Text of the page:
Since variations in the above process will be readily apparent to those skilled in the art, the scope of the invention is to be defined by the terms of the following claims and art recognized equivalents thereof.
|Cited Patent||Filing date||Publication date||Applicant||Title|
|US5053843 *||Dec 12, 1990||Oct 1, 1991||Gte Laboratories Incorporated||Thermally-stable structure for IMSM photodetectors on GaAs substrates|
|US5470761 *||Sep 13, 1993||Nov 28, 1995||Westinghouse Electric Corporation||Process for fabricating a front surface resonant mesh array detector|
|US5472914 *||Jul 14, 1994||Dec 5, 1995||The United States Of America As Represented By The Secretary Of The Air Force||Wafer joined optoelectronic integrated circuits and method|
|US5494833 *||Jul 14, 1994||Feb 27, 1996||The United States Of America As Represented By The Secretary Of The Air Force||Backside illuminated MSM device method|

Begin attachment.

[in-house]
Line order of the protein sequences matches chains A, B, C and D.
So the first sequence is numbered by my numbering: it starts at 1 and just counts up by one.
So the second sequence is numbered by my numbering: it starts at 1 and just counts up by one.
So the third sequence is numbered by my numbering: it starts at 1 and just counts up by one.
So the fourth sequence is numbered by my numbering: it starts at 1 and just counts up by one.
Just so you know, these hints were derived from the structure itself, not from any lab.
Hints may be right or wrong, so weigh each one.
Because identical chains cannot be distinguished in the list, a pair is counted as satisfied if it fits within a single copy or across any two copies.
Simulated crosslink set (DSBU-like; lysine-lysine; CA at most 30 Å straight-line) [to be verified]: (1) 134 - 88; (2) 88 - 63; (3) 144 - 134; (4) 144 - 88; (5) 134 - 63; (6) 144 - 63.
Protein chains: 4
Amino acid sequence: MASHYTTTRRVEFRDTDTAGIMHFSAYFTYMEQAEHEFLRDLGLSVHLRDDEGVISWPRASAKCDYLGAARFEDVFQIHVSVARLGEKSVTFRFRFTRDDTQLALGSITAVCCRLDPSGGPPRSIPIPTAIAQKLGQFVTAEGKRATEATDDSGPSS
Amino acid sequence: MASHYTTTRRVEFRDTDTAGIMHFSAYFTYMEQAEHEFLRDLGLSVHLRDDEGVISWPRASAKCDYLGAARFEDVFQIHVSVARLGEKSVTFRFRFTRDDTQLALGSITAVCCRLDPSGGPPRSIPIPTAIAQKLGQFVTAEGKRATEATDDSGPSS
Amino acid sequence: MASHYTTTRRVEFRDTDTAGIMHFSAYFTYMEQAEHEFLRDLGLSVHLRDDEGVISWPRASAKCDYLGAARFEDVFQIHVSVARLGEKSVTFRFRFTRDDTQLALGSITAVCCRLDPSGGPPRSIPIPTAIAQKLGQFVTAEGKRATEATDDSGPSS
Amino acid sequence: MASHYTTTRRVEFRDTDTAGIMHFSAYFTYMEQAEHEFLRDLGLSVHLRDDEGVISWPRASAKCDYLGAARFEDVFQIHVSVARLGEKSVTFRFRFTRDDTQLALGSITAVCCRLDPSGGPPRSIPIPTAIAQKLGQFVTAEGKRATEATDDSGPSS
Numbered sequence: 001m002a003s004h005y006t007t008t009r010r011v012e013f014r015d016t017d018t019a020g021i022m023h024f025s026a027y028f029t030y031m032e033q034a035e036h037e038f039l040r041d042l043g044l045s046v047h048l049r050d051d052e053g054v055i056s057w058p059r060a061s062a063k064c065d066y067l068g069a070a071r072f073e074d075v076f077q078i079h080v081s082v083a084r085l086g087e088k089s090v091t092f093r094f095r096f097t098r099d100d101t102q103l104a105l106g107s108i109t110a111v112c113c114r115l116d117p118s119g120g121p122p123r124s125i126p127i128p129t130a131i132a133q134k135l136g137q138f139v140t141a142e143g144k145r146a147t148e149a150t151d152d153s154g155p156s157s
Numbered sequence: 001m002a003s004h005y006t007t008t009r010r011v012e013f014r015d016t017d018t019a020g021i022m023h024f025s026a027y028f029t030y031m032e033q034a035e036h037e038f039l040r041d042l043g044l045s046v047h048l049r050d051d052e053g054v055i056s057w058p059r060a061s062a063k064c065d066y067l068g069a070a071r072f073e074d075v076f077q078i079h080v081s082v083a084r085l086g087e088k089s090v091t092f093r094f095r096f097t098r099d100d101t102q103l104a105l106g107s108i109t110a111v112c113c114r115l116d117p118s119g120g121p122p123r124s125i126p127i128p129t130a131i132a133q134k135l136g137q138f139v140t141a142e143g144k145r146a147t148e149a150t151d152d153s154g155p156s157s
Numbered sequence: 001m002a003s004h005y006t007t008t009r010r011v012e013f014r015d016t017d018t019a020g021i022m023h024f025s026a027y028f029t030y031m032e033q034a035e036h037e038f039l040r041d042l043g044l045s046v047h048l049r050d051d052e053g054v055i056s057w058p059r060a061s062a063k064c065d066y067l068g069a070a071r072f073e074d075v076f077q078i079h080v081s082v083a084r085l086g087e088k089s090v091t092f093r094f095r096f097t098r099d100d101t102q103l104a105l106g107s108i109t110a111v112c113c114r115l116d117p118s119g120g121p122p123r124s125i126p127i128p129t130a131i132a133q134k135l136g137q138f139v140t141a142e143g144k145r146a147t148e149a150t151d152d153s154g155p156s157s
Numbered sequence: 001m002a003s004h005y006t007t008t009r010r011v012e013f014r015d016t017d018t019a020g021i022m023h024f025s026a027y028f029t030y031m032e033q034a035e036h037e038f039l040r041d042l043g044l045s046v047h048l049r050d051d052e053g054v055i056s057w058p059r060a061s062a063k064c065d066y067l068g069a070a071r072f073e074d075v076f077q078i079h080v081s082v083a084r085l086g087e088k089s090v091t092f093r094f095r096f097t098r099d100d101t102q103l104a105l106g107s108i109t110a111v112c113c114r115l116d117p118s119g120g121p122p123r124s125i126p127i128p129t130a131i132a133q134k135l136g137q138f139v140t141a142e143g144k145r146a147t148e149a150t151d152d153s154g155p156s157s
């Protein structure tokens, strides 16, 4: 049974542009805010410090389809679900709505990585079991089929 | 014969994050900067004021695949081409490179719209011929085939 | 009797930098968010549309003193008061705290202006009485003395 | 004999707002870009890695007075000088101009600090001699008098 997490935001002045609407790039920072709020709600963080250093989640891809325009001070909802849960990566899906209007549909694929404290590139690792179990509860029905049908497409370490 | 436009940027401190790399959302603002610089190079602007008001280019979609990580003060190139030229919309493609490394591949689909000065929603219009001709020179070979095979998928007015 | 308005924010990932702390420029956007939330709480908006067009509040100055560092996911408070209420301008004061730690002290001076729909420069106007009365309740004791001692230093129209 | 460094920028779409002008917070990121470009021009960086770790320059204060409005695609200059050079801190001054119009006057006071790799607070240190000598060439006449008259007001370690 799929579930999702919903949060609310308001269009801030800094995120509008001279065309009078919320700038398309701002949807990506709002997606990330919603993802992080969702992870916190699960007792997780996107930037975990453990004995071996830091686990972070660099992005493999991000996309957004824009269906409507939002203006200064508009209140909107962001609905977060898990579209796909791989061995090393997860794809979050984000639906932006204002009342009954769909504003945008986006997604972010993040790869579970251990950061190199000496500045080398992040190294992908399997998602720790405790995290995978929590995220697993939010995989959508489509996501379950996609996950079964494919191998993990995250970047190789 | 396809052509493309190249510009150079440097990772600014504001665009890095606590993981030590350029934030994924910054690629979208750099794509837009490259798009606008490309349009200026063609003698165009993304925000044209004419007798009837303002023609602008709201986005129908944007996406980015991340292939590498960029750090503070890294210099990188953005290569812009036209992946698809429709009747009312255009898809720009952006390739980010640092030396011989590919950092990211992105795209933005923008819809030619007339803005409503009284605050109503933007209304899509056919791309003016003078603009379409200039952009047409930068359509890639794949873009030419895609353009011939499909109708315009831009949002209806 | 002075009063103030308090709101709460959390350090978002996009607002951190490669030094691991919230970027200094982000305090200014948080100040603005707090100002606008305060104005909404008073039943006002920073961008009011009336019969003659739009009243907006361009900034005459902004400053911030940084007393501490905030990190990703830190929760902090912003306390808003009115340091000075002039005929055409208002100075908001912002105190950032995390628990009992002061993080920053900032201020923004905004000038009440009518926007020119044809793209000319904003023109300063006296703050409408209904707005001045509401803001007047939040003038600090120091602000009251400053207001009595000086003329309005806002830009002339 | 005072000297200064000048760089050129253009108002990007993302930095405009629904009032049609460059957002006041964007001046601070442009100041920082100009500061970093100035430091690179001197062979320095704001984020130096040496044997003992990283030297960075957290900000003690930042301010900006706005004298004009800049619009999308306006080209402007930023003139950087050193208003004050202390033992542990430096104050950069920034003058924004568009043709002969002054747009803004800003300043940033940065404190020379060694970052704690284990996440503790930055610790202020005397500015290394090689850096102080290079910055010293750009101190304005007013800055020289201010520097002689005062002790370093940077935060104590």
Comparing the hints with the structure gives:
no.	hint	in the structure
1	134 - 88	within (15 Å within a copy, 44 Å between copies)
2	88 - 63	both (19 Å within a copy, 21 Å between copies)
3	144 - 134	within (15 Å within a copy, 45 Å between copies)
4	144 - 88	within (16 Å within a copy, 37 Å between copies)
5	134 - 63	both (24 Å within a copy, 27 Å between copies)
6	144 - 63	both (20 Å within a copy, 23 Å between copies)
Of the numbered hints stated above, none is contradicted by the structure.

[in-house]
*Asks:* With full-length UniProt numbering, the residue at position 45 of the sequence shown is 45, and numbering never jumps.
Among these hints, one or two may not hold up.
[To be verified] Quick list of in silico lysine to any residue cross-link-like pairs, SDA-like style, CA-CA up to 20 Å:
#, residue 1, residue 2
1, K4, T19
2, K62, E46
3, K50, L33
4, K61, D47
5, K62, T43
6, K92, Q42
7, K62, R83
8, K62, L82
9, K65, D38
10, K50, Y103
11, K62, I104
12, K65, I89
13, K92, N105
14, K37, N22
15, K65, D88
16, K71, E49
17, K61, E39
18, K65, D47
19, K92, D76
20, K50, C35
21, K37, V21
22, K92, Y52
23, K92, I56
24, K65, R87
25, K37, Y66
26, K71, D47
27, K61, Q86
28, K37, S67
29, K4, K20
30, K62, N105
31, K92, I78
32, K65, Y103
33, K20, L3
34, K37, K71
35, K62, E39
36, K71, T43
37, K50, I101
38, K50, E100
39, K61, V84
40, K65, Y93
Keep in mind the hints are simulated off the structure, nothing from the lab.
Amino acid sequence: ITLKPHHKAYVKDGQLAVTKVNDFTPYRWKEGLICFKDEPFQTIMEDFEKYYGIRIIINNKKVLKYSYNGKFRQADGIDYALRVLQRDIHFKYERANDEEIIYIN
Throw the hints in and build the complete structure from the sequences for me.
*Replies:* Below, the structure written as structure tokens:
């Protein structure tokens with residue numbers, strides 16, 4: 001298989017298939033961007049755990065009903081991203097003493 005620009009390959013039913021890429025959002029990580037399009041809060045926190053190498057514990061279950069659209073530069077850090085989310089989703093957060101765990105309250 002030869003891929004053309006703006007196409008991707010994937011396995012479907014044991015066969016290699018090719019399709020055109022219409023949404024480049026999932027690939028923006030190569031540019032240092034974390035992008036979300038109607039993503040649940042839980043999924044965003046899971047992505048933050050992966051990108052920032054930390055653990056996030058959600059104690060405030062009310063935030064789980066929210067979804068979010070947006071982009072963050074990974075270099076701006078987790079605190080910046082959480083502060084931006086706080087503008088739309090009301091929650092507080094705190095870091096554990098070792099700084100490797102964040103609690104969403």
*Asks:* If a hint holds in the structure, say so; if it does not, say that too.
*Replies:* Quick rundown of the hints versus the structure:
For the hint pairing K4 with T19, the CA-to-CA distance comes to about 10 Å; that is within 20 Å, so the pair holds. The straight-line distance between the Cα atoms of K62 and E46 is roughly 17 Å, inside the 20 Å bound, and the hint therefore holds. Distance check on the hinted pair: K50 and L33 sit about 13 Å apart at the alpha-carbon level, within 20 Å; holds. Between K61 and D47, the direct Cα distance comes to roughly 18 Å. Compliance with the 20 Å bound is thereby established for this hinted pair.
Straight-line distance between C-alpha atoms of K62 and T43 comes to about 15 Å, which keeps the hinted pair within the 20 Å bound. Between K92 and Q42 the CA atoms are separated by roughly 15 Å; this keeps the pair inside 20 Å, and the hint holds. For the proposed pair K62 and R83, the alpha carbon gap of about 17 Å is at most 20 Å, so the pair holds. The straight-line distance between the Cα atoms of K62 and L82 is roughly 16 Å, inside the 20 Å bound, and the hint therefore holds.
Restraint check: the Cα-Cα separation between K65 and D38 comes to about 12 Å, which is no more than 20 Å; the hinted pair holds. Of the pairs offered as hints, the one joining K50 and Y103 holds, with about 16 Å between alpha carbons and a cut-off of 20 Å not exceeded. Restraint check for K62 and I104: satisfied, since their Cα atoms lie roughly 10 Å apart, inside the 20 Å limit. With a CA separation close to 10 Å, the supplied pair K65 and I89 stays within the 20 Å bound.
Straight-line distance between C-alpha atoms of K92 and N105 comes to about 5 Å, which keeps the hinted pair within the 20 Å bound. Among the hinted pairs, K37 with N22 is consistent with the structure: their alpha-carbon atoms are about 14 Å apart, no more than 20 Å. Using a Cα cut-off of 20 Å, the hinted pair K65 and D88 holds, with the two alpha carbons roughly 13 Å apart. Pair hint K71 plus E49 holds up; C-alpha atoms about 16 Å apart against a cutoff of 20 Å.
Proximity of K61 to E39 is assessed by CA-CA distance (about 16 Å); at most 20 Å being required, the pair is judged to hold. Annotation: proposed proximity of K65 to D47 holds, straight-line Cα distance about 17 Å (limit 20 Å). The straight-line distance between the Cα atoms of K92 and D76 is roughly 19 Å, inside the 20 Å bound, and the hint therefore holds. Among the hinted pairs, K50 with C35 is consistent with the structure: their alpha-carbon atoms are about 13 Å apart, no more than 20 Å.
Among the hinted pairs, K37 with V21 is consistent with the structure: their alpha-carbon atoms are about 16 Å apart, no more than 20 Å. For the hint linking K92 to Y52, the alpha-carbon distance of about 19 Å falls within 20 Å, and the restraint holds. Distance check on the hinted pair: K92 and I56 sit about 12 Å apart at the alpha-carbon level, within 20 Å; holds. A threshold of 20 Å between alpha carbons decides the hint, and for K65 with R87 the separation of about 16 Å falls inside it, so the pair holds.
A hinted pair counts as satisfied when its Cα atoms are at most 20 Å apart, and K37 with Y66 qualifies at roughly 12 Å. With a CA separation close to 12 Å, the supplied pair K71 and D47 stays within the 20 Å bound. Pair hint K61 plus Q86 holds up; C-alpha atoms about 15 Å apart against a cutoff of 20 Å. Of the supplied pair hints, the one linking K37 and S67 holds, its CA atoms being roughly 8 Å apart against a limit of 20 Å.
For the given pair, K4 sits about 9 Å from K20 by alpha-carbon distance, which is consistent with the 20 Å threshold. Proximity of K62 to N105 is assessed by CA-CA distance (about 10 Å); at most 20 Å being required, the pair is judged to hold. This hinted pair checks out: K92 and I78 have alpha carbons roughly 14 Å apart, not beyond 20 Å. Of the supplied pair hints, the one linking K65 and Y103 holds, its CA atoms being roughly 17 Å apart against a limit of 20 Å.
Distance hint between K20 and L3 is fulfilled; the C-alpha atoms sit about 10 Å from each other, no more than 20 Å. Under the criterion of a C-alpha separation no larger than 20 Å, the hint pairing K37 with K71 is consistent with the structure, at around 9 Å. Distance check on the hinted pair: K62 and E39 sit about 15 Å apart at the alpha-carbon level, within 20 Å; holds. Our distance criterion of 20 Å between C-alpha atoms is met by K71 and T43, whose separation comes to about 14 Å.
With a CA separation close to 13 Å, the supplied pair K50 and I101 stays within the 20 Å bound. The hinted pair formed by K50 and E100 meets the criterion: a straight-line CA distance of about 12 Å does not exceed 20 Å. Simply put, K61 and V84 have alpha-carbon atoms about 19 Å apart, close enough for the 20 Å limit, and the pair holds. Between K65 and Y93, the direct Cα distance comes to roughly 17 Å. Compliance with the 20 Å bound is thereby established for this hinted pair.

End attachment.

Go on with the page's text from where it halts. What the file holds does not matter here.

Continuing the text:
|US5532173 *||Jul 14, 1994||Jul 2, 1996||The United States Of America As Represented By The Secretary Of The Air Force||FET optical receiver using backside illumination, indium materials species|
|Citing Patent||Filing date||Publication date||Applicant||Title|
|US6184054 *||Nov 27, 1998||Feb 6, 2001||Miracle Technology Co., Ltd.||Optical electronic IC capable of photo detection and its process|
|U.S. Classification||438/64, 438/92, 438/571, 438/94, 257/E31.065, 257/E31.128|
|International Classification||H01L31/0232, H01L31/108|
|Cooperative Classification||H01L31/0232, H01L31/108|
|European Classification||H01L31/0232, H01L31/108|
|Aug 16, 1995||AS||Assignment|
Owner name: AIR FORCE, UNITED STATES, MASSACHUSETTS
Free format text: ASSIGNMENT OF ASSIGNORS INTEREST;ASSIGNORS:VACCARO, KENNETH;MARTIN, ERIC A.;SPAZIANI, STEPHEN M.;AND OTHERS;REEL/FRAME:007626/0261
Effective date: 19950606
|Aug 31, 2000||FPAY||Fee payment|
Year of fee payment: 4
|Dec 13, 2004||FPAY||Fee payment|
Year of fee payment: 8
|Jan 5, 2005||REMI||Maintenance fee reminder mailed|
|Dec 22, 2008||REMI||Maintenance fee reminder mailed|
|Jun 17, 2009||LAPS||Lapse for failure to pay maintenance fees|
|Aug 4, 2009||FP||Expired due to failure to pay maintenance fee|
Effective date: 20090617